Dismember me, joint from joint, if you will, but I shall not pull my limbs away. Even if my body falls, I shall not break my bonds of love with Thee.” [GGS:484]

If today we recaptured the martyr’s creed, it would add quite a new quality to our thinking of our belief and brags, and perhaps to our mode of living. It may clarify a little more for us the full import of the term "Sikh," which to the martyrs and real-life protectors of human rights, evidently meant much more. 

*   *   *   *   *

I attempted to investigated certain facets of the evolving history to understand the use of the adjective “Sikh”; and have discovered some quite startling examples.

To cite one, there is the instance from the life of Guru Arjan, the Fifth Master. 

He was once asked to reward a bard who had wowed the congregation with his kirtan, by gifting him a coin on behalf of each Sikh in attendance. Guru Sahib offered him four and half, explaining that the half represented himself, Guru Arjan.

When queried by the sangat -- four-and-a-half only? -- Guru Sahib explained he was counting each of his predecessor Gurus as full Sikh and himself but half a  Sikh because he had not reached the level of spiritual evolution required of a Sikh!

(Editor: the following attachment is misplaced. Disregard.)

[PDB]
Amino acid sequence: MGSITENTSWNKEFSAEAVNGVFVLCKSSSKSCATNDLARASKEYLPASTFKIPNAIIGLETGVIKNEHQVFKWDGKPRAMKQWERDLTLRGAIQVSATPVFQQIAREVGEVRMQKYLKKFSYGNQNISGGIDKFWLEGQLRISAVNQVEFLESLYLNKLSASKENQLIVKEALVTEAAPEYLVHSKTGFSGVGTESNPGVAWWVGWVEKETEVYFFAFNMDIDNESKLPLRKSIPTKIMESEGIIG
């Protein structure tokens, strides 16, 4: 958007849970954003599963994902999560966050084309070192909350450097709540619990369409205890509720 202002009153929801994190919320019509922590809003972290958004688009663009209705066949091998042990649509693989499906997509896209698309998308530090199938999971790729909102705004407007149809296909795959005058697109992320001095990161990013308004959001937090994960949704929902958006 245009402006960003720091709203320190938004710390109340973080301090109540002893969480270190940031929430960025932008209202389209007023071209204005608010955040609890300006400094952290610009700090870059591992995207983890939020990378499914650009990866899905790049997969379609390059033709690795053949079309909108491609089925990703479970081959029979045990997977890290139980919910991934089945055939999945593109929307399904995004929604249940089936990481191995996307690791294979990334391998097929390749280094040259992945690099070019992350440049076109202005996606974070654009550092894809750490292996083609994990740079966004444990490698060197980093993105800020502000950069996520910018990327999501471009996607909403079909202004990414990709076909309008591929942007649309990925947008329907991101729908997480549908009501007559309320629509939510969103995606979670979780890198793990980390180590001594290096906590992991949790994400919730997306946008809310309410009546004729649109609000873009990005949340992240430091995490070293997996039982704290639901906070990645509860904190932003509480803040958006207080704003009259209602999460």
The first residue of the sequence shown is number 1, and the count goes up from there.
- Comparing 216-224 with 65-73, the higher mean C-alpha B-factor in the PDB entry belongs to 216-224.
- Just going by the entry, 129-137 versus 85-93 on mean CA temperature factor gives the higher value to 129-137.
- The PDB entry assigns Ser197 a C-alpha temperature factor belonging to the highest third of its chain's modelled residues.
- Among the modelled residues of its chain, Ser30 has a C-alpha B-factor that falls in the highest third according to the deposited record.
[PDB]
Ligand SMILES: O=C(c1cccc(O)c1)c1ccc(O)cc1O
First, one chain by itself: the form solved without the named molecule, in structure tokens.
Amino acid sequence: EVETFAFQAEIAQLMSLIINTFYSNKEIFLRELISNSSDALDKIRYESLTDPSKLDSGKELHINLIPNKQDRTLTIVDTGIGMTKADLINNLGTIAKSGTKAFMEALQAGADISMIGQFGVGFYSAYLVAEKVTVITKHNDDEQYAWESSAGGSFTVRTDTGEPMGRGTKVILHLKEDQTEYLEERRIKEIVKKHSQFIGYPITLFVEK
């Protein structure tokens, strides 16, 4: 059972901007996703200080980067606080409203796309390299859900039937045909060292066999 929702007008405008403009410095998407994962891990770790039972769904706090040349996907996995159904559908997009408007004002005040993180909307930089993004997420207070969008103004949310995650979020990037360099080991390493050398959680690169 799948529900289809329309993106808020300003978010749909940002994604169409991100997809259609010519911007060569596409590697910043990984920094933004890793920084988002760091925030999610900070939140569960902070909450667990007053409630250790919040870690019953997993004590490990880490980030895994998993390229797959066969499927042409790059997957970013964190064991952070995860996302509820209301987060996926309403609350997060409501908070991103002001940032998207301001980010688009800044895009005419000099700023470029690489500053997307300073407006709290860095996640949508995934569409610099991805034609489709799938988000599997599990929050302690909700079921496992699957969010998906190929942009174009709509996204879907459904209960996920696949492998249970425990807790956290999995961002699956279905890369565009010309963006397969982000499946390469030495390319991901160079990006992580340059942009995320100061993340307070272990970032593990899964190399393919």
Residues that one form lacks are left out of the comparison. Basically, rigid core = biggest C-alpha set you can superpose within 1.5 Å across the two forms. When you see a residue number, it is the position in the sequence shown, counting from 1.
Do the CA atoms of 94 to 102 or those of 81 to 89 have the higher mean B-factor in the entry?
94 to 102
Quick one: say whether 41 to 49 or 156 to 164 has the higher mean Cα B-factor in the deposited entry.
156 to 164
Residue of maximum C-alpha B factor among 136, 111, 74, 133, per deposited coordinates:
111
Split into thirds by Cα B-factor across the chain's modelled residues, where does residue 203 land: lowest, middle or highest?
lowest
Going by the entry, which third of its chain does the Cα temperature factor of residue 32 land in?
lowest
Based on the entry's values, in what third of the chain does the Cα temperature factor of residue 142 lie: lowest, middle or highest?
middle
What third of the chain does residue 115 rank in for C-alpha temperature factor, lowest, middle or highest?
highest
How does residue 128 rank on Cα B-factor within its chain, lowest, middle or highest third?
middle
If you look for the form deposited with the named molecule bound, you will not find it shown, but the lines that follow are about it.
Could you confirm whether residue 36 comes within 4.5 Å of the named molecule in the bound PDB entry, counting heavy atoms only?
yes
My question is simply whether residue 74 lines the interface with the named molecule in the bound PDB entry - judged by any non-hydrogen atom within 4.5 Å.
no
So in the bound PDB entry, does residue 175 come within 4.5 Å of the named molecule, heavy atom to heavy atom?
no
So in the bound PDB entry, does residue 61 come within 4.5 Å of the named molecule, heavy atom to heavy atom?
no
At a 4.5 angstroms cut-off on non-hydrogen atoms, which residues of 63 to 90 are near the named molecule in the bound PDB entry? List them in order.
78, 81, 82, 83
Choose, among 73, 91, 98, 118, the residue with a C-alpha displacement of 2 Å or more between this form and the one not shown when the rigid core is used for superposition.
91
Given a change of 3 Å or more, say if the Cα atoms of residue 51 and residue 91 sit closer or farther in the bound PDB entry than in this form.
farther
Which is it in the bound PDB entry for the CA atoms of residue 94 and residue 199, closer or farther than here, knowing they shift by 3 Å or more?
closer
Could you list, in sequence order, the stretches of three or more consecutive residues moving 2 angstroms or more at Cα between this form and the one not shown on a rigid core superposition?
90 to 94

To help you appreciate his message, let me remind you that Guru Arjan compiled much of the Guru Granth that we esteem today as our eternal Shabad Guru.

Thus, he was the one who set in stone the theology that we live by. His labelling  of himself as ‘half a Sikh‘, although an instance of extreme humility, was nevertheless meant to convey a deep message for our future guidance. He was constructing a scale with which we were to measure our Sikhi.

*   *   *   *   *

We can also turn to our Scripture to seek guidance in this matter.

Guru Gobind Singh ji asked us in no uncertain terms, in his last sermon which was delivered on October 20, 1708, that we are henceforth to surrender ourselves to Guru Granth Sahib for guidance, whenever in doubt or seeking an answer.

But I am petrified over what our Eternal Guru will tell me as to what it means to be a Sikh. It is bound to be onerous, I fear.